The whole idea behind placing the solder splices just a bit off from the previous one is to make sure they don't build up and become very thick at that point and in the end would cause strain on all the splices. This is actually a process indicator defined by IPC-A-620A when daisy chaining shields together. Even though I'm not daisy chaining these together it is still a good idea to stagger the splices when a lot of them are in one cable. In my case each shield will have it's own dedicated pin on the connector.


    This last picture is of the first cable coiled nicely on the floor of the lab and the loose end of the second cable with all it's strands in disarray. Not to worry though, I'll have everything put together nicely once the connector is finished.
    [​IMG]

    P.S. I like this way of attaching pictures (attach & link). The only bad part is the resizing I have to do. It's just another step in the process of making my logs on here.

    Thanks for taking the time to read all this. :D
     

    Attached Files:

  10. ICGengineerTech

    ICGengineerTech

    58
    1
    Aug 15, 2012
    It's 15 after 5 and I need to go home. I'll post pics of everything tomorrow. Basically I have finished all the pins. Now I just have to insert them and do the single conductor wires.
     
  11. ICGengineerTech

    ICGengineerTech

    58
    1
    Aug 15, 2012
    Picture Update

    This is all the solder splices in place on the two conductor wires.
    [​IMG]

    This is all the two conductor wire with pins.
    [​IMG]

    And the 4 conductor wire with pins.
    [​IMG]

    Sorry for the blur but I was in a rush last night. This is the wires on the other end in a little bit of a chaotic jumble.
    [​IMG]

    I'll be adding pics of the 4 conductor wires in place, the twisted pairs in place, and then the hook-up wire (unshielded one conductor wire) with pins and then after they are in place. I plan on having this finished today. Tomorrow I begin work on the LED circuit. I'll be soldering everything to a small PCB but first I'll be using a breadboard. The circuit is going to be using an ALD4501 IC. It's basically a dual 555 chip. You can see the data sheet by clicking on the link.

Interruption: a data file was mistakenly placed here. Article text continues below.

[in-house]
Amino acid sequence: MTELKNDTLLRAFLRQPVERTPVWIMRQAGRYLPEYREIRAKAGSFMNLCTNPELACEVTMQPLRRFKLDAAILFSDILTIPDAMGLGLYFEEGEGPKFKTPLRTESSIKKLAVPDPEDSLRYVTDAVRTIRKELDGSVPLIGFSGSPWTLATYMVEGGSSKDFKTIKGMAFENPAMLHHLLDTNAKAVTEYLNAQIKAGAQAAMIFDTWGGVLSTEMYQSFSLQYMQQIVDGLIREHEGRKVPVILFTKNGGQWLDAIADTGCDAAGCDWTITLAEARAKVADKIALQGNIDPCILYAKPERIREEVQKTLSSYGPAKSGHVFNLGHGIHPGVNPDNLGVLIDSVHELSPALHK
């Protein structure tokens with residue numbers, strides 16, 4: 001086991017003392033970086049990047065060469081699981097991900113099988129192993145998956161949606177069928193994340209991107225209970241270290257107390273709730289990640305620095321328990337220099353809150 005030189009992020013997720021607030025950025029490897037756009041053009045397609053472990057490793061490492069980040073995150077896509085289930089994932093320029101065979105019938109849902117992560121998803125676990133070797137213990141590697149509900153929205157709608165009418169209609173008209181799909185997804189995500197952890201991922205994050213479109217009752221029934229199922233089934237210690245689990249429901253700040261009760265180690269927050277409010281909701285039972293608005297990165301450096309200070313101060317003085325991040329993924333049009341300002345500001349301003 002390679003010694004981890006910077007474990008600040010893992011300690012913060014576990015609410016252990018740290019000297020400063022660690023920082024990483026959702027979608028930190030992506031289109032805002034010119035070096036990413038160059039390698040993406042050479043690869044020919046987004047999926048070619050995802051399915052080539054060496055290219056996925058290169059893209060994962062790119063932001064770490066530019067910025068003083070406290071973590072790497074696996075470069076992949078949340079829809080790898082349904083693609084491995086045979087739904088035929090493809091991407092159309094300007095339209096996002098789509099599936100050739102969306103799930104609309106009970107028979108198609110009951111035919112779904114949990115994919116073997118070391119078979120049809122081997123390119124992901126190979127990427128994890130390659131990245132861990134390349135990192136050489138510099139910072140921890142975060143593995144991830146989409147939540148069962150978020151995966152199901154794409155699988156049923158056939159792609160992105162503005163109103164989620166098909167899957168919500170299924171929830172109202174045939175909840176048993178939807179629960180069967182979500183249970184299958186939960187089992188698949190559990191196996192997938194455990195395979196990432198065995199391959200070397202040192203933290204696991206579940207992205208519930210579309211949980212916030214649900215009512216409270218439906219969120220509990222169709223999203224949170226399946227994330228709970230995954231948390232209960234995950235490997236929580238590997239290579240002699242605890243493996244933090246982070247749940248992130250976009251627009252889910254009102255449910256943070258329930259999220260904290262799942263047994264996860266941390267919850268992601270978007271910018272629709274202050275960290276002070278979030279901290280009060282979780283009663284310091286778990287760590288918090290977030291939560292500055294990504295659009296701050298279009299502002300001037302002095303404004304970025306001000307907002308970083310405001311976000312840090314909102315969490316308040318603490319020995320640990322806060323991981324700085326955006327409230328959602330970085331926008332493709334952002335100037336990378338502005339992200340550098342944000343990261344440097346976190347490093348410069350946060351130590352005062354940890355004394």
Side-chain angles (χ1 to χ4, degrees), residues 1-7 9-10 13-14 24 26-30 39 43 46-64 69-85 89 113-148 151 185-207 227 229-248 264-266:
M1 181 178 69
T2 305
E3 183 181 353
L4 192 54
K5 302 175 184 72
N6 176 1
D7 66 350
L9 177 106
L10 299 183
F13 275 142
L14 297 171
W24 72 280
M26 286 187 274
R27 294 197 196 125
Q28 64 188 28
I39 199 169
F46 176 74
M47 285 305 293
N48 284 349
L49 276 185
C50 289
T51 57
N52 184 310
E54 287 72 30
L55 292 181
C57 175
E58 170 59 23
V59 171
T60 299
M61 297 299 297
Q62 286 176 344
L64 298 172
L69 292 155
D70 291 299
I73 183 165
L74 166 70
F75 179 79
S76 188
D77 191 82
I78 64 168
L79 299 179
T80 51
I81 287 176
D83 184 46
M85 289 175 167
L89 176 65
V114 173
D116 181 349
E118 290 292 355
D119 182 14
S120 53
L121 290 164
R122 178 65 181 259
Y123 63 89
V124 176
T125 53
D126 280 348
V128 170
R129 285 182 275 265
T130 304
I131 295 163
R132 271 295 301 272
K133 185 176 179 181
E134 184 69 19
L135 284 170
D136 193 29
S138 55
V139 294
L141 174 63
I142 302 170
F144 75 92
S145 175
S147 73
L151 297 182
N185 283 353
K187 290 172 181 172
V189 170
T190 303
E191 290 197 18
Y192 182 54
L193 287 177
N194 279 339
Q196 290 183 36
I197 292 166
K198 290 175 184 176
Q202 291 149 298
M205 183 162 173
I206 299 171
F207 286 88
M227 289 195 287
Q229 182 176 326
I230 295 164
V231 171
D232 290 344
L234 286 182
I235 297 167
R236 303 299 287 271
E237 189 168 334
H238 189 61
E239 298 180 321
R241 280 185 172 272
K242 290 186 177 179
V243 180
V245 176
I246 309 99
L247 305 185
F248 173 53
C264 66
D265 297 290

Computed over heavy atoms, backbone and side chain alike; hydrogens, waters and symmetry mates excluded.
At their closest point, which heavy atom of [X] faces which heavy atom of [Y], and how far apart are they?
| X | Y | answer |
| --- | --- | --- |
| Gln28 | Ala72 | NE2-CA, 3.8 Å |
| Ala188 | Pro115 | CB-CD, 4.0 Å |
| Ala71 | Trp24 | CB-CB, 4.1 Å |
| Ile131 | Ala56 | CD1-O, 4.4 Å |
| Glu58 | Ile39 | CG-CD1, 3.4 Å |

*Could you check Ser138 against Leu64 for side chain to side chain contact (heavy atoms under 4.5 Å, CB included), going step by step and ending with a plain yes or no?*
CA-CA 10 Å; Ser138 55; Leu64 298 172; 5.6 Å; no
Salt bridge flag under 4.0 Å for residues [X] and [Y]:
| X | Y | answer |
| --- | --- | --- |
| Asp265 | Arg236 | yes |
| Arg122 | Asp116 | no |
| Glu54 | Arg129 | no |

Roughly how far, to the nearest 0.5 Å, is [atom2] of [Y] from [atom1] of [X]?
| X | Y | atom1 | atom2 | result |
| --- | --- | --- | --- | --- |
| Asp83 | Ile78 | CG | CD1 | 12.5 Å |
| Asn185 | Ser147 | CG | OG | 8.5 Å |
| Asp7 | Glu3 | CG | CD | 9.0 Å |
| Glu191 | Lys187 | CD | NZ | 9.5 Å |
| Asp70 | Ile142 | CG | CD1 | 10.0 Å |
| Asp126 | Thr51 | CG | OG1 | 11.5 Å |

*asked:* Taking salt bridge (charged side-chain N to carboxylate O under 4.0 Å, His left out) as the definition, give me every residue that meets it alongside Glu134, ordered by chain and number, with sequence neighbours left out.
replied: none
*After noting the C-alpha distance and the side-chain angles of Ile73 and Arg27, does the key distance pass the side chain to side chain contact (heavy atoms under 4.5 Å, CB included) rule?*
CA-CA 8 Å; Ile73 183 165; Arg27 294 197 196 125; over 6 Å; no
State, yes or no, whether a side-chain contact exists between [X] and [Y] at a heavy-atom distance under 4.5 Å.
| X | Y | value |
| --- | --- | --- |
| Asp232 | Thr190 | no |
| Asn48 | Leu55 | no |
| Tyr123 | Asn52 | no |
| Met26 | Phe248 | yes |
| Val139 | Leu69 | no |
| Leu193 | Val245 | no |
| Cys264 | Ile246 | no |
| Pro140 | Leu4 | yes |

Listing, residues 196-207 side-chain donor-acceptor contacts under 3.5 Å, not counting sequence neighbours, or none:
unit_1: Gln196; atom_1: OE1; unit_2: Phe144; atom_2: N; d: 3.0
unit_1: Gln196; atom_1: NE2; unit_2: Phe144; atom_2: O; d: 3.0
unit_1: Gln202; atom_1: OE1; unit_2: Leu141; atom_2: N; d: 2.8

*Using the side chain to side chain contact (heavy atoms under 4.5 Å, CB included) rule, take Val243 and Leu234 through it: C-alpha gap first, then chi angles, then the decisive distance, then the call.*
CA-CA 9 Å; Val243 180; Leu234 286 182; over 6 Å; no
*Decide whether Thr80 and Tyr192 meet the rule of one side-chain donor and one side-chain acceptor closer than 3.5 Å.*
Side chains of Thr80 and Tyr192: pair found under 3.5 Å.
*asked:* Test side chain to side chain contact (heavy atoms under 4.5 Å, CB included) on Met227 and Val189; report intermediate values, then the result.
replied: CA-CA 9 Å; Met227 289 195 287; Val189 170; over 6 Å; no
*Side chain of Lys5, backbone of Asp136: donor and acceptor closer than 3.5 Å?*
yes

Attached Files:

  12. ICGengineerTech

    ICGengineerTech

    58
    1
    Aug 15, 2012
    Thank God for these logs. I am starting the next phase of my project that requires me to read back through my notes on these two cables and I can't make sense of anything. I could have spend a good 1 or so hours remembering or interpreting them but I just came here. Found what I needed so quickly I thought I spend a bit of the surplus of time I just saved posting this little note. :D

    Anyway, as I said above, I am beginning the next part of my project. The item these two cables hook up to needs to be tested and have software developed for it. This requires some sort of test fixture. The test fixture will allow access to all the pins while the item is being powered. This will help in both software development and testing that is required from the FAA as this item is for an aircraft. You might look back at my other posted about DO-160 testing. I will entitle this log "Test Set/Test Fixture" as I will not only be developing the test fixture but all the good stuff that goes with it such as these cables. In this new log I will also go over what I will be attaching to the other end of these cables.... don't worry, nothing so complicated as these double density connectors.

    I hope you enjoy.
     
    Ian likes this.